Irish paper money
Interlink icon
Link to Irishpapermoney main page
Link to Irish papermoney Forum


Home < Main Site Map > Banknotes of the Irish Private Banks >
O'Neill's Bank, Waterford

Banknotes of the Irish Private Banks
O'Neill's Bank, Waterford


Waterford, Ireland mapO'Neill's Bank Waterford arms symbolO'Neill's Bank Waterford silver note

O'Neill's, Waterford - 2 Series, Sole banker

John O'Neill's Bank is notorious for being a small badly run bank with a large note issue

John O’Neill registered his bank on 24th May 1799, and ran it on his own with no other partners. It was not unusual for bankers to operate as sole traders, Bank of Kings Court in Co Cavan, Joseph Carshore in Co. Tipperary, and Denis Moylan in Cork are all examples of sole traders issuing notes in small quantities. However, what distinguishes O'Neill is the size of his note issue, and this is why O'Neill's bank is often held up as an example of what was wrong with private bankers who issued notes.

This bank has often been cited as an example of one of the more reckless operations, and an example of a bank founded simply to issue notes.

However, it may have been a case of inexperience in banking rather than a 'Cowboy' operation, as the bankruptcy proceedings indicate that John O’Neill had a substantial property portfolio in Waterford, Wexford, Tipperary and Limerick.

It appears that he made the mistake of having too much of his capital tied up in non-liquid assets and could not sustain a run on his bank.

O'Neills Bank Failure 1801

The bank failed on 27 May 1801. Bankruptcy proceedings were under way against John O’Neill in September 1802 [2. Saunders’s Newsletter, 25 August 1802, as cited by Kenny & Turner, 2019].

The bank survived in business for just two years and failed catastrophically with a substantial outstanding note issue, estimated at more than £88,000 of a total of £160,000 in issued notes [3. O'Kelly, 1959, p24], with an additional £30,000 of silver notes (those below £1 in value, denominated in shillings). Considering that many of the notes were denominted in shillings, this is a lot of paper.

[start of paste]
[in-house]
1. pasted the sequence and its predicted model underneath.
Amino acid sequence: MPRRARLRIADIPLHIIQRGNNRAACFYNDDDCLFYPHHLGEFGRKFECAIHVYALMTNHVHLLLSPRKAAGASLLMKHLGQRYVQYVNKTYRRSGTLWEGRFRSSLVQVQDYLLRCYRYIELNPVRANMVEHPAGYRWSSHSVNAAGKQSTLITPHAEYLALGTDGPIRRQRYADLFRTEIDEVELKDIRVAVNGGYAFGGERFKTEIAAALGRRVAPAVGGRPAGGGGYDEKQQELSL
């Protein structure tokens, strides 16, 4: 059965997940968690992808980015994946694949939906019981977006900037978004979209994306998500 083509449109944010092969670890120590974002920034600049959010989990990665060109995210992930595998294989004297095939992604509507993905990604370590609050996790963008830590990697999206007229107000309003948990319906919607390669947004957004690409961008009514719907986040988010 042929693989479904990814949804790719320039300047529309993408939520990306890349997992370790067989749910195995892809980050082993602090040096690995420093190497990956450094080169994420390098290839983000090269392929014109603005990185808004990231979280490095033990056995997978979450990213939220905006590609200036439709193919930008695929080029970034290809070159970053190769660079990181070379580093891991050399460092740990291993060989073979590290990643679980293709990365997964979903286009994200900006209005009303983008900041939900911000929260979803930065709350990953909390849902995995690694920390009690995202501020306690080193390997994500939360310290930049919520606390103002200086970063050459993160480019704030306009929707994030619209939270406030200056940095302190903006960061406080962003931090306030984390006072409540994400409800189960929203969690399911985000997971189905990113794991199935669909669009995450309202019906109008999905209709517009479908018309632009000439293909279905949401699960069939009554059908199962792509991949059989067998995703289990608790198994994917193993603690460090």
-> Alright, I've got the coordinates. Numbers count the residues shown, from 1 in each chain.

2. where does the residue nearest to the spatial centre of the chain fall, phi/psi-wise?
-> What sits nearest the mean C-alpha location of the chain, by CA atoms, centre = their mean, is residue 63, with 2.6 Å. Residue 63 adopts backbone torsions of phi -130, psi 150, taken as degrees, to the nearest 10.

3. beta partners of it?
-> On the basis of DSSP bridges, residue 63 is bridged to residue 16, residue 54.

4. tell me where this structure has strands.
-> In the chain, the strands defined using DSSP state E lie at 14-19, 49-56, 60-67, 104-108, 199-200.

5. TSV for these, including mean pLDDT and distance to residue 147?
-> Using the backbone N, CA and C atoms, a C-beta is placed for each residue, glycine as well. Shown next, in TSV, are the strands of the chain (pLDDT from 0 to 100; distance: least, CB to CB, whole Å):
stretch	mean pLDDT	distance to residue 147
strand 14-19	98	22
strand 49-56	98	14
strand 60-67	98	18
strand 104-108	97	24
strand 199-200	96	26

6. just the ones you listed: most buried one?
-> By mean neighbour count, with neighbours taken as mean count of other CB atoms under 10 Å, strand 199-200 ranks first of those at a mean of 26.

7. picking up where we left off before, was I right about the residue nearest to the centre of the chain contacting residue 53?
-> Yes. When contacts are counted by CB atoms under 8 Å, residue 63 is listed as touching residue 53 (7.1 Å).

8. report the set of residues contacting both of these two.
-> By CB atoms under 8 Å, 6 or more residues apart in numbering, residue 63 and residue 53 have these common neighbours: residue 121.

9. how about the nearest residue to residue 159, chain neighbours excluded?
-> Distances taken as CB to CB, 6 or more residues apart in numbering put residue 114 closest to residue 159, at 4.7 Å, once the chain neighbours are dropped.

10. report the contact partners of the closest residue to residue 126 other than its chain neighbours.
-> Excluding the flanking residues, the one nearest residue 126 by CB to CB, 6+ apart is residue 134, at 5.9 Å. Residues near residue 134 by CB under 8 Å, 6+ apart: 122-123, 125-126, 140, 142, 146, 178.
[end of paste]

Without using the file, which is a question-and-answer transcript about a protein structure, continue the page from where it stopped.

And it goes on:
John O'Neill died soon after the failure of his bank [4. Young, 1973]. It is not known what proportion of the debts of the bank were paid to the creditors.

O'Neill's Bank Note issues, Guinea Notes and Silver Notes denominated in Shillings

The bank issued 'silver notes', those denominated in Shillings payable to the bearer on demand in 'National Bank Paper', meaning Bank of Ireland notes. Many banks issued Silver Notes, the most well-known of which were the two Silver Banks, in Malahide and Bray. Silver notes have also been recorded for Ffrench's Tuam Bank.

O'Neill's also issued notes and post bills denominated in Guineas.

Two Series of notes known for O'Neill's Bank

There are two series by design known for O'Neill's Bank, and one Type by partnership.

Series 1. Banknotes payable in 'National Bank Paper', indicating notes of the Bank of Ireland. Earlier design with circonflex over O of O Neill in the bank title. Seen on notes denominated in Shillings dated in 1799.

Denominations recorded: 9 Shillings. Others likely

Series 2. Adjustments made to the design of banknotes. Circonflex over O of O Neill in the bank title discontinued, and an apostrophe added after the O, giving O'Neill. Denomination in words in the centre of notes changed to oblique title case in place of plain uppercase. Typeface of Waterford changed from script to gothic style. Redesign of border around the main denomination in words on bottom left. Small number added above the bank logo symbol on notes denominated in Shillings, but not on Guinea notes.

Denominations recorded: 3 Shillings nine and a half pence, 6 Shillings, 9 Shillings, 5 Guineas, 7 Guineas. Post Bills: 3 Guineas, 4 Guineas.

O'Neill's Bank, Series 1 and Series 2 notes, detail of circonflex

O'Neill's Bank design differences

Series 1

O'Neills Bank Waterford, 9 Shillings, 24 November 1799
O'Neills Bank Waterford, 9 Shillings, 24 November 1799, payable in 'National Bank Paper'

Series 2

O'Neills Bank Waterford, 9 Shillings, 12 July 1800
O'Neills Bank Waterford, 9 Shillings, 12 July 1800

O'Neills Bank Waterford, 6 Shillings, 1 March 1801
O'Neills Bank, 6 Shillings, 1 March 1801

O'Neills Bank, 3 Shillings 9 and a half Pence, 1st Sept 1800
O'Neills Bank, 3 Shillings 9 Pence Halfpenny, 1st Sept 1800

O'Neills Bank, 5 Guineas, 18 November 1799
O'Neills Bank, 5 Guineas, 18 November 1799 (Five Pounds, Thirteen Shillings and Ninepence)


1. Blake, R., Callaway, J. (2009). Paper Money of Ireland.
2. Kenny, S., Turner, J. D. (2019). "Wildcat bankers or political failure? The Irish financial pantomime, 1797–1826", European Review of Economic History 24(4).
3. O’Kelly, E. (1959). The Old Private Banks and Bankers of Munster. Cork: Cork University Press.
4. Young, D. (Sept-Oct 1973). The Private Banks and Their Notes, O'Neill's Bank (Waterford) 1799-1801, Irish Numismatics Magazine, No. 35, pp. 203-204.

TOP Version 3.0.3 Copyright ©2000 - 2022, M Mac Devitt.